10/10/12 3:09 PM ET
Romo ready for more work in Game 4
By Corey Brock and Zack Meisel / MLB.com
"This is [the] playoffs," the Giants reliever said.
The Giants teetered on the brink of elimination Tuesday, when Romo completed two innings for just the second time all season. They face the same scenario Wednesday and will again Thursday should the club force a decisive Game 5.
"We fight to get here," Romo said. "This is what we push for all season long. There is no time to step back and think of myself. It's for everybody else, for everybody playing orange and black. If I get asked to pitch [Wednesday], I'm very ready and very willing."
But is he able?
"At this stage, they're all going to say 'I'm good' or 'I'm fine,'" Giants manager Bruce Bochy said. "But it's up to us to get a read on them."
The Reds opted not to extend closer Aroldis Chapman past one inning of work Tuesday, despite an electric showing that required only 15 pitches, the last one a 100-mph heater that whizzed past Pablo Sandoval's helpless lumber. Cincinnati skipper Dusty Baker cited Chapman's potential unavailability in ensuing contests as the reason he elected not to trot out the Cuban southpaw for another frame.
Bochy, on the other hand, relied on Romo and lefty Jeremy Affeldt each for a pair of innings Tuesday. Had the Giants not taken the lead in the 10th inning when Joaquin Arias reached on a two-out error, Bochy said he would have pinch-hit for Romo. Had that sequence of events unfolded, Tim Lincecum, who was warming in the bullpen, appeared ready to toe the rubber next. Instead, Bochy indicated Wednesday that the two-time NL Cy Young Award winner could provide the Giants with four or five innings of relief if necessary.
That could ease the burden on Affeldt, Romo and the rest of San Francisco's 'pen. But this is the playoffs, and as Romo suggested, the pitchers aren't going to shy away from a chance to contribute.
"That's up to [pitching coach] Dave Righetti and myself to look at them and see where they're at as far as with their stuff," Bochy said. "But at this stage, a lot of times you're running on adrenaline -- all the players are, both sides, every team in the postseason. Still, you have to keep a watchful eye on them so you don't wear them down."
Giants have good history against Reds' Leake
CINCINNATI -- The Giants went to sleep Tuesday without knowing which pitcher they would square off against the following afternoon in the National League Division Series.
When they awoke Wednesday, they learned they would be facing a right-hander in Mike Leake, against whom the hitters in manager Bruce Bochy's lineup tote a career .397 batting average (23-for-58). That includes third baseman Pablo Sandoval, who has seven hits in 10 at-bats -- including a pair of home runs -- against Leake.
The Reds named Leake their Game 4 starter late Wednesday morning. The 24-year-old assumed the roster spot of Johnny Cueto, who departed after straining his right oblique eight pitches into his Game 1 start and is now rendered ineligible for the NL Championship Series should Cincinnati advance.
The Reds could punch their ticket Wednesday if Leake can stymie a slew of hitters who have handled him well in his five career appearances against the NL West club. Of course, the Giants haven't had much success off any Cincinnati hurler during this series.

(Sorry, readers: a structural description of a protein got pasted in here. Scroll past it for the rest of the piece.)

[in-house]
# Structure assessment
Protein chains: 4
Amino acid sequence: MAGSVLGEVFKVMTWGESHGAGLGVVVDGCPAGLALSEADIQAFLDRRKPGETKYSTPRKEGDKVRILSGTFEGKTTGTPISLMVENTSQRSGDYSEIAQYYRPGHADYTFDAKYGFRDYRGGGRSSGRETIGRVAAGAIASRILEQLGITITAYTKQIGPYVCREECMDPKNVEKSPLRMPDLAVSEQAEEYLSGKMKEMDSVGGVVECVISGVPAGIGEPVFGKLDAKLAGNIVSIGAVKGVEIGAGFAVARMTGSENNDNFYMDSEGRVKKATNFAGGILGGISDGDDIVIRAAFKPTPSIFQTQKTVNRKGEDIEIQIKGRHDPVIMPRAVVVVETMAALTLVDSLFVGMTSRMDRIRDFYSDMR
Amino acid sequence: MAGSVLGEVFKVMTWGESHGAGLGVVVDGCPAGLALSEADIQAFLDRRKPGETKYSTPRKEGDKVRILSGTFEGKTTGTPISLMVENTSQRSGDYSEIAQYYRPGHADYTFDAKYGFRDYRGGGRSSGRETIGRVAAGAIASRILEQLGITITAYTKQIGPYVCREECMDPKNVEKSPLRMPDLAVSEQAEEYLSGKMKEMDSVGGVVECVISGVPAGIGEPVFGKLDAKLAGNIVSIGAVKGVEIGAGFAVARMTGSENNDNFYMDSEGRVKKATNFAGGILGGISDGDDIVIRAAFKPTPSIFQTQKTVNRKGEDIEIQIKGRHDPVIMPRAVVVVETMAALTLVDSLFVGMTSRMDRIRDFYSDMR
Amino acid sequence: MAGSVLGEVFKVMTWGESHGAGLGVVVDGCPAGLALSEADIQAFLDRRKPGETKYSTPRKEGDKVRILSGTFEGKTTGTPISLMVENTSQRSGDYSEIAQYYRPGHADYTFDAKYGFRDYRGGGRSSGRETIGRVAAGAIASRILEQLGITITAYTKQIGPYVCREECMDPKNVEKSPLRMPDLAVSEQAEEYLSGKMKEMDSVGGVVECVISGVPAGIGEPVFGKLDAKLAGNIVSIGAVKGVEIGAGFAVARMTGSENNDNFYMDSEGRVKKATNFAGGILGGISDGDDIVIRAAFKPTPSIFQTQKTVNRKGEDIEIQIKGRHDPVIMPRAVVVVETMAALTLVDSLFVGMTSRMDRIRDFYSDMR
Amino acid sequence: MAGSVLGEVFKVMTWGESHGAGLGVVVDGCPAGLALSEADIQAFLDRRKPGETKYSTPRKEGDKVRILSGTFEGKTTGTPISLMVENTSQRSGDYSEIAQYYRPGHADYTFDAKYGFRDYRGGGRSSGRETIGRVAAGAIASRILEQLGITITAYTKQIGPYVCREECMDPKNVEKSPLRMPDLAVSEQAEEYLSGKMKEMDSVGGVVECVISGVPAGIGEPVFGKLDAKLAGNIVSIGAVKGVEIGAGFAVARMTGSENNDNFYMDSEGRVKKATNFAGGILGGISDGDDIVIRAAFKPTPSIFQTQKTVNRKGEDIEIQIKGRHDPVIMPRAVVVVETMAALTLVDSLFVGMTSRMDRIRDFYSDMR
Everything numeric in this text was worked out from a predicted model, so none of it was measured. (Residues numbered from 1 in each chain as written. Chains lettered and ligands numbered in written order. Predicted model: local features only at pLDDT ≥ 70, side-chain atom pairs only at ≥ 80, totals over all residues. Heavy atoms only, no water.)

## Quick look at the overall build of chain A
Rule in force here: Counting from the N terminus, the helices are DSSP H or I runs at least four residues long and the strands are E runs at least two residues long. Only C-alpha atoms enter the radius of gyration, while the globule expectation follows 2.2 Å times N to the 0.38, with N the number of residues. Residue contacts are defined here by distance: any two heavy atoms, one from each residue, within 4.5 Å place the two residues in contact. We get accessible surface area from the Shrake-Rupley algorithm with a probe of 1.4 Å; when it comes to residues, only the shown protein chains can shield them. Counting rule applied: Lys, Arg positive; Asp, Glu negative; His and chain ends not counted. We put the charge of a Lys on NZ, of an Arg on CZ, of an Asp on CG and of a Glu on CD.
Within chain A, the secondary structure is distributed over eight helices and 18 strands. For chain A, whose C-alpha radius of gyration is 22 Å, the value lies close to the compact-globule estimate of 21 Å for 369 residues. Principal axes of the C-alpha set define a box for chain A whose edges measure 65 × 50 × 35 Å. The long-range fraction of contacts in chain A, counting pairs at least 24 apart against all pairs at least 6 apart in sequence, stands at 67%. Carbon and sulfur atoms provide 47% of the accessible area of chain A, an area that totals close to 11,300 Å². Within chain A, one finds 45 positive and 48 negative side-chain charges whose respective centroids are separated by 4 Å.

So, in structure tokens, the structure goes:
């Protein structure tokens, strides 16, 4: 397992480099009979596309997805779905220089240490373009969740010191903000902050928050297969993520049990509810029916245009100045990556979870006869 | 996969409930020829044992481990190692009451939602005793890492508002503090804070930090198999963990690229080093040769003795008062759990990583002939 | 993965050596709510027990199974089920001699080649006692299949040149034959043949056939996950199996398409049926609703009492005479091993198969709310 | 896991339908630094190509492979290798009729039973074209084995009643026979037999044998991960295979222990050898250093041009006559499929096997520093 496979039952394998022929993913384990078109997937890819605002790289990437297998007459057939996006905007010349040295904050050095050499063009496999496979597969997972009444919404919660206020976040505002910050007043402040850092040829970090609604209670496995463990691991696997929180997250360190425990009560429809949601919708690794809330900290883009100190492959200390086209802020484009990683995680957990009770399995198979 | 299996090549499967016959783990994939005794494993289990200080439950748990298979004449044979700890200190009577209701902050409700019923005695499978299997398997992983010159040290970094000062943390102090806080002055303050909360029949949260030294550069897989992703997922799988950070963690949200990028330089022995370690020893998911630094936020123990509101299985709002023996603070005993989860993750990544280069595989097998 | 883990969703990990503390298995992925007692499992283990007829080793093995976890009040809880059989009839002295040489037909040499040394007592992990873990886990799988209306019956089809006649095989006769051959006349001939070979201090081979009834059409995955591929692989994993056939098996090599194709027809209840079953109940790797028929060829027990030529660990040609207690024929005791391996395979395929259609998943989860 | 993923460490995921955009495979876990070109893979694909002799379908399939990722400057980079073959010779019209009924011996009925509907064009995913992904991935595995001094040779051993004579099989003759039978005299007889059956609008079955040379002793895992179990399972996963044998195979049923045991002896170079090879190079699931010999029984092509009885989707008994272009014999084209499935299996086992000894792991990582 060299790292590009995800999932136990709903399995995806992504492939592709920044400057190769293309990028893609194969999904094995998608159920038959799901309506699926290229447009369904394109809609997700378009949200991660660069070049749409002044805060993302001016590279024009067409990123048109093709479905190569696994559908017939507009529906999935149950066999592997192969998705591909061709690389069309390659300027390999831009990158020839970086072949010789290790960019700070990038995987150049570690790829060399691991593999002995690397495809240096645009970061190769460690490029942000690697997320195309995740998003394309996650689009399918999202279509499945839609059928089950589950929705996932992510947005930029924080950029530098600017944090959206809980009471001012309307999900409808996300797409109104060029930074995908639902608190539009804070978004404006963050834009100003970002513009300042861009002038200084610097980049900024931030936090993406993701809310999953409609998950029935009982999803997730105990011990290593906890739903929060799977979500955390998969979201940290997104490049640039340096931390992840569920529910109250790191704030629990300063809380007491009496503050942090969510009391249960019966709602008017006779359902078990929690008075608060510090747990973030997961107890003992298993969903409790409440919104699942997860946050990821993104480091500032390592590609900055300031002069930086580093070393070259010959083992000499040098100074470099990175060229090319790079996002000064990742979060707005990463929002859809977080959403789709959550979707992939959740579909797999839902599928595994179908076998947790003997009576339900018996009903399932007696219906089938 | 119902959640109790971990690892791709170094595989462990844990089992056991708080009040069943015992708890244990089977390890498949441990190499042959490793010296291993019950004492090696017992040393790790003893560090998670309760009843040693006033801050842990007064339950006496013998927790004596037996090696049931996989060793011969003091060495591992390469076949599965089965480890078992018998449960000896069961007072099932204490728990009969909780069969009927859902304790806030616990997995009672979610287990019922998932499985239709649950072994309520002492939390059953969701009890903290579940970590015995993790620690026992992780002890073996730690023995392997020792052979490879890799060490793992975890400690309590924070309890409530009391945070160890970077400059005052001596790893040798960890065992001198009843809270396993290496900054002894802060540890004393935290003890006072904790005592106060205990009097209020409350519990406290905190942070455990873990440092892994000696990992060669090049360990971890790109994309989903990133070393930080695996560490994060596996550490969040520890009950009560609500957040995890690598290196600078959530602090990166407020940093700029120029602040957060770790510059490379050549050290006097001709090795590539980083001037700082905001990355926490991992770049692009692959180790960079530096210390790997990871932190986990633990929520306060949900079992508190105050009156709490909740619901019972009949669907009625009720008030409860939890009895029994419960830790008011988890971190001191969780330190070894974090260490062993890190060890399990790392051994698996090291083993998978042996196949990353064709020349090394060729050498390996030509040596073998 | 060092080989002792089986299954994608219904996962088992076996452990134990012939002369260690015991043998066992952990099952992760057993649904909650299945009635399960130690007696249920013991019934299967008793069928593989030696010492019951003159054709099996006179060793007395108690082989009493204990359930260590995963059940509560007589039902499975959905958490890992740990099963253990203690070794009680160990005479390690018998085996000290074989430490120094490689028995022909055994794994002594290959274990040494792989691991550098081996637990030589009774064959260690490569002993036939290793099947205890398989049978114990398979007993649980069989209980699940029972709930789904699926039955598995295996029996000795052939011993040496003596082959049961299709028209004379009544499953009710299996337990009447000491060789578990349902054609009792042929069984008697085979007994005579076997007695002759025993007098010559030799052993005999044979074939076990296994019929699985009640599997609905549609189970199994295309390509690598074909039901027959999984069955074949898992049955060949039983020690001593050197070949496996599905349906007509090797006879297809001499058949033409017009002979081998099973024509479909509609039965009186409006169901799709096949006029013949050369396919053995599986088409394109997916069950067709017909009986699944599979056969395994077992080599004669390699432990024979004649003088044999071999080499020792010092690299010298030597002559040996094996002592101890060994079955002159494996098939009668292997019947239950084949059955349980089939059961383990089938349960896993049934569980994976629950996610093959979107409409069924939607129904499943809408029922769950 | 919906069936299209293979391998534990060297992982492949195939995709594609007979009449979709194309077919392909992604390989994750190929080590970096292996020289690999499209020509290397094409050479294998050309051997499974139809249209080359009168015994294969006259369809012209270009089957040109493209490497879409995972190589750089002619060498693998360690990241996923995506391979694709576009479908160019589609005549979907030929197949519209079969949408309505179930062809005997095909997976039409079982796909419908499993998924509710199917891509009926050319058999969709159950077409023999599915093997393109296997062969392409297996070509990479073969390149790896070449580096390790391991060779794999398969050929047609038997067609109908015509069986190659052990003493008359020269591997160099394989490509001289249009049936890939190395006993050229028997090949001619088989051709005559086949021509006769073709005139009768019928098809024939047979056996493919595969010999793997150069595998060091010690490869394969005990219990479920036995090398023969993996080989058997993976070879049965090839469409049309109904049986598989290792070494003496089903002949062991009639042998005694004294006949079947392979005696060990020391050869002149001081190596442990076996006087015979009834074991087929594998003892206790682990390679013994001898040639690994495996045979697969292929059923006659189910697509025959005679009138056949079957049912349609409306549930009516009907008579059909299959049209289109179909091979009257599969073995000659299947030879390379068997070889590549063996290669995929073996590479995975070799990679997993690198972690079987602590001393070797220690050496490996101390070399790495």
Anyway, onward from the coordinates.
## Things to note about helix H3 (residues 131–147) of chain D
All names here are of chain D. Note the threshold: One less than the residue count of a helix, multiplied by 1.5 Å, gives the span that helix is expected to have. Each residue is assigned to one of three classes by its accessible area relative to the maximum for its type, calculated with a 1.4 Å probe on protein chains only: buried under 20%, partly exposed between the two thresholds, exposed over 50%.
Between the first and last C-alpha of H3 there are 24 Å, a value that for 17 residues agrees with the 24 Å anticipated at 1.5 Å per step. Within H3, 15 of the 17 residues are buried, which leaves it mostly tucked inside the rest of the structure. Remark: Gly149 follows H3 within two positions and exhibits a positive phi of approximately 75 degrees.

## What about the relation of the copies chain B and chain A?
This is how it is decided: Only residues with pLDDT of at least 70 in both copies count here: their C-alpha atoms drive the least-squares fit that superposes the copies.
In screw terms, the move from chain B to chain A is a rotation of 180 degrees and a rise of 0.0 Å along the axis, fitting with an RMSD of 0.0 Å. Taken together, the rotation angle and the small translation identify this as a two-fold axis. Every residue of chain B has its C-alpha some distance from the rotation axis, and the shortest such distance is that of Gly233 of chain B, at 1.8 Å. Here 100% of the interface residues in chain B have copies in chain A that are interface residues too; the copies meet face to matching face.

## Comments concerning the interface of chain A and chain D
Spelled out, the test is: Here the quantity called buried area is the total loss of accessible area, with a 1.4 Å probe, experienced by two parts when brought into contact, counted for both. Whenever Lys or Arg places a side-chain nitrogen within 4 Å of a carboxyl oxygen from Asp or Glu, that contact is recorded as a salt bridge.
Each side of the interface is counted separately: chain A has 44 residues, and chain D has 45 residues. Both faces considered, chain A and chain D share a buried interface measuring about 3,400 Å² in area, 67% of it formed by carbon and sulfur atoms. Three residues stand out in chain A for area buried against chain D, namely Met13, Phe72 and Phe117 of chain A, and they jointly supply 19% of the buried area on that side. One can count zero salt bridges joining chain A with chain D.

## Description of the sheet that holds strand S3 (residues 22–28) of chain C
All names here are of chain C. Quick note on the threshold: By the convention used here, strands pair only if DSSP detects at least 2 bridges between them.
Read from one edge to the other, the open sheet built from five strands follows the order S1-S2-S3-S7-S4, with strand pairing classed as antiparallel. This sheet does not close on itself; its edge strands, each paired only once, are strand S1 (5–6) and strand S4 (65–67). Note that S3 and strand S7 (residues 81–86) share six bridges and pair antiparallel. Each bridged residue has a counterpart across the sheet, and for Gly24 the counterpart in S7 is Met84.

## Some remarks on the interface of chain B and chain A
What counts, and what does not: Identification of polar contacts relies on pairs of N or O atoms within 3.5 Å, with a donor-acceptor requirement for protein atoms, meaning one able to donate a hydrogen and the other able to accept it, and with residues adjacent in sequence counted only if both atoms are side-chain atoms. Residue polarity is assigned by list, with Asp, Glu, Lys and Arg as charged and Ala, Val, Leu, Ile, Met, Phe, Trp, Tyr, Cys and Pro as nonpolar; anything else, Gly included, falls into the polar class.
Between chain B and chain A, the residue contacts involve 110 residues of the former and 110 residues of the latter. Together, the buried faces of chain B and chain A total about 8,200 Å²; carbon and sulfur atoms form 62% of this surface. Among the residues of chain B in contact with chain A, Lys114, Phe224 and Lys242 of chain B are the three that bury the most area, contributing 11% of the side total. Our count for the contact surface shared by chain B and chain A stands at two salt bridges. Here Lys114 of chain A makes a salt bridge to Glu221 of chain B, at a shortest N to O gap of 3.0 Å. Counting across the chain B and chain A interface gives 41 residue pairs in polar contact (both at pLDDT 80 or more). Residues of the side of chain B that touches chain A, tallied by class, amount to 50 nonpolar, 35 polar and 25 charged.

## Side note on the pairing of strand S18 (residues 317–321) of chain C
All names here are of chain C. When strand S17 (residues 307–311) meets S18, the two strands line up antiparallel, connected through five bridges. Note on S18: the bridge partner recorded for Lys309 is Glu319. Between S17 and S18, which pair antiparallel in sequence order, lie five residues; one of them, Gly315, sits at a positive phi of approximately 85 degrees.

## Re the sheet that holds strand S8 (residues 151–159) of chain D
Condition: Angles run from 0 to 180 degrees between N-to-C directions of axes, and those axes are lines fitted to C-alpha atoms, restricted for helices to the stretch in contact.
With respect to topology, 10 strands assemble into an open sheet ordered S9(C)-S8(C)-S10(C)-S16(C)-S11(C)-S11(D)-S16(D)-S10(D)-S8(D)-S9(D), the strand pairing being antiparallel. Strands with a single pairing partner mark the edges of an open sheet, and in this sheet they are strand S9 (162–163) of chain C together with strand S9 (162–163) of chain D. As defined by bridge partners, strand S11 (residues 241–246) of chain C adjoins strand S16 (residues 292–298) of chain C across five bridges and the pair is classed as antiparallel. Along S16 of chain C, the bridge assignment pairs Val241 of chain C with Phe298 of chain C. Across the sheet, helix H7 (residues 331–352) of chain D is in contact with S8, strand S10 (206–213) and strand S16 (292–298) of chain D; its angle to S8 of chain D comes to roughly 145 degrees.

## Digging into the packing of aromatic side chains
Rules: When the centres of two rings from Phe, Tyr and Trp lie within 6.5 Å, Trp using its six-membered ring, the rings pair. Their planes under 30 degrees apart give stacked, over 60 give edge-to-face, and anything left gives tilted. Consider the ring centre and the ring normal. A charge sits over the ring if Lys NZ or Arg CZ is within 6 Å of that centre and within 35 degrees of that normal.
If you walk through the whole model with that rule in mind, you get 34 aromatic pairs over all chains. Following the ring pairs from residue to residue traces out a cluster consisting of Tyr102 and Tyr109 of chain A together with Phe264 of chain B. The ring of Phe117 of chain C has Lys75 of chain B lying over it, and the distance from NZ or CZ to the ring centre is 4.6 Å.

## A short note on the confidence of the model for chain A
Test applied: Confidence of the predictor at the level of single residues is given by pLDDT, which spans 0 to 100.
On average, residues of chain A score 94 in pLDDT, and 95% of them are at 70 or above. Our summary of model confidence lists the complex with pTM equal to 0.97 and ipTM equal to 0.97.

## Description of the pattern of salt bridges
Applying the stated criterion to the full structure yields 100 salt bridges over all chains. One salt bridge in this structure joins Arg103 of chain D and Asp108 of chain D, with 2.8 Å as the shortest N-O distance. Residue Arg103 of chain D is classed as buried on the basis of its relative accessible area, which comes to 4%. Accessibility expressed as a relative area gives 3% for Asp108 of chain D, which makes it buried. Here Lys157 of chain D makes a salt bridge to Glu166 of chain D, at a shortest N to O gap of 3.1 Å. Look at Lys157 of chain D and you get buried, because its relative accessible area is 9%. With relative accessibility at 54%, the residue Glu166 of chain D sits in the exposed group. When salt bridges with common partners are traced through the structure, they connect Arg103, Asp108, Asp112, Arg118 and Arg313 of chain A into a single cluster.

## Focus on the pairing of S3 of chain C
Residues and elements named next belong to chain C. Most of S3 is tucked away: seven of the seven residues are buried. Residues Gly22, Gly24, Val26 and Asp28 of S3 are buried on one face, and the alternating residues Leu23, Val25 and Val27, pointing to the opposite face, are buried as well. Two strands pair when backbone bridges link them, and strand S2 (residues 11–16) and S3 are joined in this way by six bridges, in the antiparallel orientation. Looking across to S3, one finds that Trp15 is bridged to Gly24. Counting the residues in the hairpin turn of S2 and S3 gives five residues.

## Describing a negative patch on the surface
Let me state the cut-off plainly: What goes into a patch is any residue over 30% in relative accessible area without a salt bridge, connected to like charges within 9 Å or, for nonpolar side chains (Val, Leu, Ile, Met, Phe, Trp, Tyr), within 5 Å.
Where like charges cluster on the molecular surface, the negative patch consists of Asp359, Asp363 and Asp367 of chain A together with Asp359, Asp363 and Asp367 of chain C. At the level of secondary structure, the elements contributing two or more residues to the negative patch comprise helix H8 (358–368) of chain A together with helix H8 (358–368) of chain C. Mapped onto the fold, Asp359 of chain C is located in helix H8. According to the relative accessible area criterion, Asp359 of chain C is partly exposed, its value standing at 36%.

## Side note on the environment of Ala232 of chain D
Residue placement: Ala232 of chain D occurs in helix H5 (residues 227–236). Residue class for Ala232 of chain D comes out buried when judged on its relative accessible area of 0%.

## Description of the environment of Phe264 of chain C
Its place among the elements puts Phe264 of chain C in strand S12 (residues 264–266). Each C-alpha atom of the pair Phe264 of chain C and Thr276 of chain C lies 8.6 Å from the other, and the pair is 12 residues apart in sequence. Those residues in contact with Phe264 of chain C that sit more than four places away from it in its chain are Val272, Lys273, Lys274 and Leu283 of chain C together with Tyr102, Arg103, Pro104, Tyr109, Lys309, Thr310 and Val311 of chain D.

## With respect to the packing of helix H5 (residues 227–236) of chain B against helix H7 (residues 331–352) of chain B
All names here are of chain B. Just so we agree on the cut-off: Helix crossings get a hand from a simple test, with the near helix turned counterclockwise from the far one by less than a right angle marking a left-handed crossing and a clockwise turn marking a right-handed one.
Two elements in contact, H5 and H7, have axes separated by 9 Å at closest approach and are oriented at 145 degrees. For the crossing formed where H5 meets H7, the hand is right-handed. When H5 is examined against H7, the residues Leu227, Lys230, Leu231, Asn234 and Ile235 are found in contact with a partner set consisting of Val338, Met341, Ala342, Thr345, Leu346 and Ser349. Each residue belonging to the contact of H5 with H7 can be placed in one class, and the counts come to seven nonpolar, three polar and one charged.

San Francisco has tallied only 12 hits through three contests. Its three base knocks in Tuesday's triumph were the fewest in a postseason victory since 2004. Leake will follow in the footsteps of Bronson Arroyo and Homer Bailey, who both spun seven innings of one-hit ball.
"[Tuesday] night, we faced a guy that came off a no-hitter and he even said he thought he had better stuff than he had in the no-hitter," Bochy said. "Our hitters said he threw well, throwing hard, hitting the spots. So I think it's more a case of the pitching we have been facing.
"We still have to find a way to score runs and really we did a pretty good job. We got a couple of walks, moved them over, and got a sac fly. That's what you have to do in a game like that. So it would be nice to get these bats going, but we have been facing great pitching."
Giants boast durable corps of starting pitchers
CINCINNATI -- Should the National League Division Series need a Game 5, the Giants will turn to pitcher Matt Cain for the start.
Cain, after a long regular season and with already one postseason start in this series, is healthy and set for what will be his 34th start of the season, postseason included.
He's not the only starter in the Giants' rotation who has proved to be durable, as Tim Lincecum has made 33 starts, Madison Bumgarner 33 starts (including Game 2), Barry Zito 33 (including Game 4) and Ryan Vogelsong, who has made 32 starts, the last coming in Game 3 on Tuesday.
"Sometimes it's luck that guys can stay healthy all year," Cain said. "Sometimes you can't help little things that happen throughout the season. But I think this group of starting staff has a good repertoire of staying on a good routine."
How important is durability? Consider that the Padres, who finished 18 games back of the Giants in the NL West, used 15 different starting pitchers in 2012.
"The trainers are on top of us about staying on our routine," Cain said. "And I think we're always trying to find ways to stay healthy and that's a good thing. Guys aren't set on what they have done in the years past."
This isn't a new development for the Giants. When they won the World Series in 2010, they had four pitchers -- Cain, Lincecum, Zito and Jonathan Sanchez -- each make 33 starts during the regular season.
Corey Brock is a reporter for MLB.com. Keep track of @FollowThePadres on Twitter. Zack Meisel is a reporter for MLB.com. Follow him on Twitter @zackmeisel. This story was not subject to the approval of Major League Baseball or its clubs.